Financial analysis is widely used to assess investment proposals, but less commonly to evaluate strategy.
Strategy, both at business unit level (are we competing successfully?) and at the corporate level (does this portfolio of businesses make sense for the shareholders?), needs continuing evaluation.
Business-level strategy can be judged by economic value added (EVA) analysis.
Corporate-level strategy can be assessed by breakup analysis.
Line managers are not necessarily motivated to do these analyses; it is thus up to others, especially the nonexecutive members of the board, to advocate them
Many well-known tools and techniques of financial analysis are used by investors, stockbrokers, and corporate managers to assess corporate performance. Their use is particularly prevalent in mergers and acquisitions and in the analysis of capital expenditure. But how often do we say: “Let’s do some financial analysis to see if this strategy is any good. Let’s take a view on the corporate portfolio and the extent to which value is added by the corporate center and use financial tools to do it.” In my experience, this doesn’t happen much.
When companies undertake an acquisition, extensive financial analysis accompanies the investigation by managers, the proposals put to the board, and, if necessary, the story that is told to investors and the financial community. Comparisons are made with valuations of similar businesses and with transactions of a similar nature. Discounted cash flow techniques are used to assess the impact of different outcomes and the extent to which the investment is likely to recover the cost of capital employed in it. So the use of financial analysis for decision-making in the corporate environment is well known and widespread. Indeed, the essence of the core technique—present value and discounted cash flow analysis—has been around for at least 50 years. The tools are well known, credible, and widely accepted.
What about using financial analysis to assess strategy? In nearly all companies there are two levels of strategy that must be kept under constant surveillance by the custodians of stockholder investment. First, the viability of the individual businesses must be constantly examined. Are they earning satisfactory returns—or, indeed, returns in excess of the cost of capital employed in them? Second, does the corporate portfolio make sense? Would some parts of the business be better off elsewhere? There are straightforward tools to help in answering these questions and they should be regularly applied by the board of directors.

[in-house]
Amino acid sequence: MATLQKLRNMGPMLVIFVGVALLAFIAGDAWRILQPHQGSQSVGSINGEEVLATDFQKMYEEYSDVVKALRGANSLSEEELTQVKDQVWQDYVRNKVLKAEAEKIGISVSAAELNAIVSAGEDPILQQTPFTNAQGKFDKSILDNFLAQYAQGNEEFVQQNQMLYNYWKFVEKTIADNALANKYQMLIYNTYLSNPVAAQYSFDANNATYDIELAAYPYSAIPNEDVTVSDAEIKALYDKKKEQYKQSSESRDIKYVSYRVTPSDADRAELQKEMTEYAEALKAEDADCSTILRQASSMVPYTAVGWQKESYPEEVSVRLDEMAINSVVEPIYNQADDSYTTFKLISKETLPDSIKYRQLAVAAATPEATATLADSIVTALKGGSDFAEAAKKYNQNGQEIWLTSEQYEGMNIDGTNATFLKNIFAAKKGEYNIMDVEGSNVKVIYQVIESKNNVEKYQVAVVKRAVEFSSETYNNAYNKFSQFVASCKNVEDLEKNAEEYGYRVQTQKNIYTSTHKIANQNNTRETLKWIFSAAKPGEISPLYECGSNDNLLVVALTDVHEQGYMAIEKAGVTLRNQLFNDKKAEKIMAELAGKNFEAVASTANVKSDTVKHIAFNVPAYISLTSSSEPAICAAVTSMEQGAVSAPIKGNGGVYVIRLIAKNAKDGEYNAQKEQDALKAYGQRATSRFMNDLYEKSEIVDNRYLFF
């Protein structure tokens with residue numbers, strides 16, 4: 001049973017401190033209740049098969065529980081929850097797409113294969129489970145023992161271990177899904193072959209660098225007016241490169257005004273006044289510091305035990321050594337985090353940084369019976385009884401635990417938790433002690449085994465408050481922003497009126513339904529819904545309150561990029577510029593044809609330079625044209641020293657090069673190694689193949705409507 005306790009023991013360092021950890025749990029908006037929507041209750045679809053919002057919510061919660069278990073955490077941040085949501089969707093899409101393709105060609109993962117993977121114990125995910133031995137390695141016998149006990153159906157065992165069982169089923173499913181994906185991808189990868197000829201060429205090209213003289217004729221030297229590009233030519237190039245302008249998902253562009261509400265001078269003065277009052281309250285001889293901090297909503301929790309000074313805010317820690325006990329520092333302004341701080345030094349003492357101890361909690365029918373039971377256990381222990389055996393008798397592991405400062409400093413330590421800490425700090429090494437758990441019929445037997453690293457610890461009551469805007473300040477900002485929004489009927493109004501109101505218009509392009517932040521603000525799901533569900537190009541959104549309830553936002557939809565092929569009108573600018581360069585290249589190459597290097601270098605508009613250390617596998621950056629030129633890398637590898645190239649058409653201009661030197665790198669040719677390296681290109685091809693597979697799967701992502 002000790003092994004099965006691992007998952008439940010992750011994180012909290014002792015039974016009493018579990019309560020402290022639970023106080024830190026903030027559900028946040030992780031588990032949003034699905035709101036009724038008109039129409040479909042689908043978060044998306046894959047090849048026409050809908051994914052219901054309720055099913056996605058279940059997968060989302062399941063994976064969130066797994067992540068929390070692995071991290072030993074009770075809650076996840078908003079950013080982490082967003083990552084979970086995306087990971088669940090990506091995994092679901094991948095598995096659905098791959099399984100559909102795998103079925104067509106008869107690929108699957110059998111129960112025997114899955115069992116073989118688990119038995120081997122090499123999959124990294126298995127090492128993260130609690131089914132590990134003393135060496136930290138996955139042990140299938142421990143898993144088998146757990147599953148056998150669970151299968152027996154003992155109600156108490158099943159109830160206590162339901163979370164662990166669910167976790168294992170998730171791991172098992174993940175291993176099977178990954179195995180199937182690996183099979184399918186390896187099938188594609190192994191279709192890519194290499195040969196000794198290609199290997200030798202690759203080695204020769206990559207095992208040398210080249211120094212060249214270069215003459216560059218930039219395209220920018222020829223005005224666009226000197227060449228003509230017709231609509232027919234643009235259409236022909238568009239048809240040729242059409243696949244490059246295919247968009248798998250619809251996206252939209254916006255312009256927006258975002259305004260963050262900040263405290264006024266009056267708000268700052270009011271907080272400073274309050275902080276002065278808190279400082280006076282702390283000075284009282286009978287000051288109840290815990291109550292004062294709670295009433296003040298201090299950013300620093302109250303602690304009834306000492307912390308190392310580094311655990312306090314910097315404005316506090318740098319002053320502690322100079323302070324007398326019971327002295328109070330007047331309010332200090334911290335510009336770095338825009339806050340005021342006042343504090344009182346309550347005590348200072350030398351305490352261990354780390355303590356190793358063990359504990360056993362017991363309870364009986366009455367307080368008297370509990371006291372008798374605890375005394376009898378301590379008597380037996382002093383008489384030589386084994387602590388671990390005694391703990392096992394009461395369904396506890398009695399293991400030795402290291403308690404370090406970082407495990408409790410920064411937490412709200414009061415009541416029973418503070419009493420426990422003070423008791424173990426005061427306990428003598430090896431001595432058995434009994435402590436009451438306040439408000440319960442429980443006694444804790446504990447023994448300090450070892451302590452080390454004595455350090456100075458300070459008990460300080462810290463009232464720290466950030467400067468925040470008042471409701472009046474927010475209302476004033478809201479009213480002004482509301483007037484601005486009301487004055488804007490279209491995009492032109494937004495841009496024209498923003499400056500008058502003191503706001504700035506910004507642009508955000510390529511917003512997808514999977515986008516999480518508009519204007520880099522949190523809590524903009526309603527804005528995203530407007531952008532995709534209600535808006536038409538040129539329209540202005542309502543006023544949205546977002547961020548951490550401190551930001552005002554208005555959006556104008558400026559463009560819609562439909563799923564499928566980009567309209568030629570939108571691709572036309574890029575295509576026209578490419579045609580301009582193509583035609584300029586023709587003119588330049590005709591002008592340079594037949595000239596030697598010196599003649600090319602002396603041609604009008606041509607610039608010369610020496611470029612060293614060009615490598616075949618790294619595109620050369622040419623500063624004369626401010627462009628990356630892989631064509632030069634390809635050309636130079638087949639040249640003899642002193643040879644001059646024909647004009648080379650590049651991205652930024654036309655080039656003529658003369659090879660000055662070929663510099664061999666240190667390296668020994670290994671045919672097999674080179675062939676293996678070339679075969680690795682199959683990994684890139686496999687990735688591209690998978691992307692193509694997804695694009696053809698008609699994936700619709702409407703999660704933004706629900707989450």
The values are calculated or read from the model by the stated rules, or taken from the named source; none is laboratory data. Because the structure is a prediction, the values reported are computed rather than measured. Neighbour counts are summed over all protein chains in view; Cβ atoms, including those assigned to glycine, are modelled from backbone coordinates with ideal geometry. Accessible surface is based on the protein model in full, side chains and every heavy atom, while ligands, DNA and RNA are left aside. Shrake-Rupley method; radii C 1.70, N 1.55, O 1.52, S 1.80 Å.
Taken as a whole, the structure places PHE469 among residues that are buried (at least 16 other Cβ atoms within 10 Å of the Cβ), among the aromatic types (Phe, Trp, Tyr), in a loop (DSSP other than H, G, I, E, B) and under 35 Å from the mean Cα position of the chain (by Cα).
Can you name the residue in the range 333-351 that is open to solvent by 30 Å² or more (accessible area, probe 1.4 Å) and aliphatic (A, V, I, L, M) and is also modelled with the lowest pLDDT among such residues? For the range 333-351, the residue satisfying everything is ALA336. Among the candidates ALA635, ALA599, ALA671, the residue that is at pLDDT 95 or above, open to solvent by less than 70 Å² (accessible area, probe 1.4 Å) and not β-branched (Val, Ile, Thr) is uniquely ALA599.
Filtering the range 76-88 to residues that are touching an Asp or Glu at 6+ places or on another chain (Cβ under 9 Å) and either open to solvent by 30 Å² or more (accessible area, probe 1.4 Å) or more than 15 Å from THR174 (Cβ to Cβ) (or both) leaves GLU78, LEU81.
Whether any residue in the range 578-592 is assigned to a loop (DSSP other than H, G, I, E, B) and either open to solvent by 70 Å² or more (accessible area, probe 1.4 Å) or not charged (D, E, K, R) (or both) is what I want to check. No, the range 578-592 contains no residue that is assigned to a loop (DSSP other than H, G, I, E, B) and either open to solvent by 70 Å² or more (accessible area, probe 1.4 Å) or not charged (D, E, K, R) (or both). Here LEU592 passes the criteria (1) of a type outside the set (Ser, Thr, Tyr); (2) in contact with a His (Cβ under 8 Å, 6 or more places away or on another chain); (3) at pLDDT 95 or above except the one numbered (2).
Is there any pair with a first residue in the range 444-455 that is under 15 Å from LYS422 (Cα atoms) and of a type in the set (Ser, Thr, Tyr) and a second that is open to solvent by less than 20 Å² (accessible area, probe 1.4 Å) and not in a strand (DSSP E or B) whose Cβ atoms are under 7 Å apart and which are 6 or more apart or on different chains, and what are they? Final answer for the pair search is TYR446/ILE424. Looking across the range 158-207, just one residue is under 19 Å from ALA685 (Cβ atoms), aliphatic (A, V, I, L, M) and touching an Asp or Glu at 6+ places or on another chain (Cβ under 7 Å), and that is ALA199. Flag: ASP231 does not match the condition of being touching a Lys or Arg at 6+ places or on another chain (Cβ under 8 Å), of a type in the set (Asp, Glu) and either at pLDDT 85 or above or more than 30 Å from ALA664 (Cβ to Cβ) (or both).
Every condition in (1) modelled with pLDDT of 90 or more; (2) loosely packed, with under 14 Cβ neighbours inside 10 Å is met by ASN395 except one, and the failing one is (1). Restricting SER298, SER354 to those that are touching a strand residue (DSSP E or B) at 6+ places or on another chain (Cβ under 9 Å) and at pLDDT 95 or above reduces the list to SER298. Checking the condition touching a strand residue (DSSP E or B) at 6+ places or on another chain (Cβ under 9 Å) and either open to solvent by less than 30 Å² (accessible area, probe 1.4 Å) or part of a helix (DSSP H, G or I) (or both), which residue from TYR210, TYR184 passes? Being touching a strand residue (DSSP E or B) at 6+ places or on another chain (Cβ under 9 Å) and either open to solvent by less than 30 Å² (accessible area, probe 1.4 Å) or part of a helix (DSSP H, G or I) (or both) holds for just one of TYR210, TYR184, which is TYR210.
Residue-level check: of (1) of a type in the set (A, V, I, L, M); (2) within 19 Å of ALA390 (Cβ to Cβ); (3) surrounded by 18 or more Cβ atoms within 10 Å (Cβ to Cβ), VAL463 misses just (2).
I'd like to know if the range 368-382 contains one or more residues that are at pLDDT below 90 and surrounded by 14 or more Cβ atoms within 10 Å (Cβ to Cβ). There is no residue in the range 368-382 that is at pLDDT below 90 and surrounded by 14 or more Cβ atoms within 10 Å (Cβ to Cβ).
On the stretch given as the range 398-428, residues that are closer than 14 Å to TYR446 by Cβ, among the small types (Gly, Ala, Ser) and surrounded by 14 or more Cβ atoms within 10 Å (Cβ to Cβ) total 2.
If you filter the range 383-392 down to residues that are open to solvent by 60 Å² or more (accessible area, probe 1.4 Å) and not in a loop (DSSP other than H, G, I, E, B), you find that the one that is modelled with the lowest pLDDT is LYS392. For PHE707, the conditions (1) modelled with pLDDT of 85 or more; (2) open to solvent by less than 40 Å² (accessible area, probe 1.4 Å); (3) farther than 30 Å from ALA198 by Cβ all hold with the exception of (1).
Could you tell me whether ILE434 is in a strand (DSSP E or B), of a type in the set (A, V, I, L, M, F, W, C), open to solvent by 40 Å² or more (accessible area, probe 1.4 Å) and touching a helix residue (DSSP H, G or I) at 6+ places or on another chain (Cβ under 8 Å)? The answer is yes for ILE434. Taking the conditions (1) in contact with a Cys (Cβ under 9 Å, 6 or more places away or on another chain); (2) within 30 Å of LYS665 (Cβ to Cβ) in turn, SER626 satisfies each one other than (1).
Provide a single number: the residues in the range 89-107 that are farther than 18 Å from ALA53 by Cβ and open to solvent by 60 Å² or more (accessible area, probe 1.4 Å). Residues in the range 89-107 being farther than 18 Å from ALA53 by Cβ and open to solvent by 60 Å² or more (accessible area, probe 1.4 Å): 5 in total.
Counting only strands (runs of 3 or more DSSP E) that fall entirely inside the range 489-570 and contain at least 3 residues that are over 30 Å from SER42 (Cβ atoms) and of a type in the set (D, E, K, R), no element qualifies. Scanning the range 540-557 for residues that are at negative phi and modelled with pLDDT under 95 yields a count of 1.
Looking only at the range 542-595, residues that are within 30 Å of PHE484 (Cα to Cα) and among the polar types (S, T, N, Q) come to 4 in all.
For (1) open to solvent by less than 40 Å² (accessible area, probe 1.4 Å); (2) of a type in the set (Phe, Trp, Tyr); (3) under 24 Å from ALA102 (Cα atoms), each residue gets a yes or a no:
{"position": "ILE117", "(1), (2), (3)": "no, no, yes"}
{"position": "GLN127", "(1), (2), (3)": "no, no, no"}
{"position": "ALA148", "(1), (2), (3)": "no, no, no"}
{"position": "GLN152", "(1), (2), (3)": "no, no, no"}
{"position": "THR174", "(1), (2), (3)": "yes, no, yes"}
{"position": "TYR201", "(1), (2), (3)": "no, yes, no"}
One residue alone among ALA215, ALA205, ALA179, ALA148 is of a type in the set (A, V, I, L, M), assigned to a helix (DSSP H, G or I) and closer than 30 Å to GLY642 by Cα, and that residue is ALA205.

Why then does such an analysis not seem to be a widespread and regular practice? I think that the answer is pretty obvious. Top managers often do not want to admit that some parts of their business portfolio are unviable or that they are not the right owners. It’s an agency problem, where management’s motives diverge from the interests of the stockholders. But there are others whose job it is to question performance and to be sure that these agency problems do not stand in the way of the interests of stockholders. Nonexecutive directors on the board of directors are in this position, as are representatives of the investment community who decide on whether to advocate support for the organization. But to assess strategy—both at the corporate level and at the level of the individual business—they need suitable tools.
- Page 1 of 6
- Next section Corporate-Level Strategy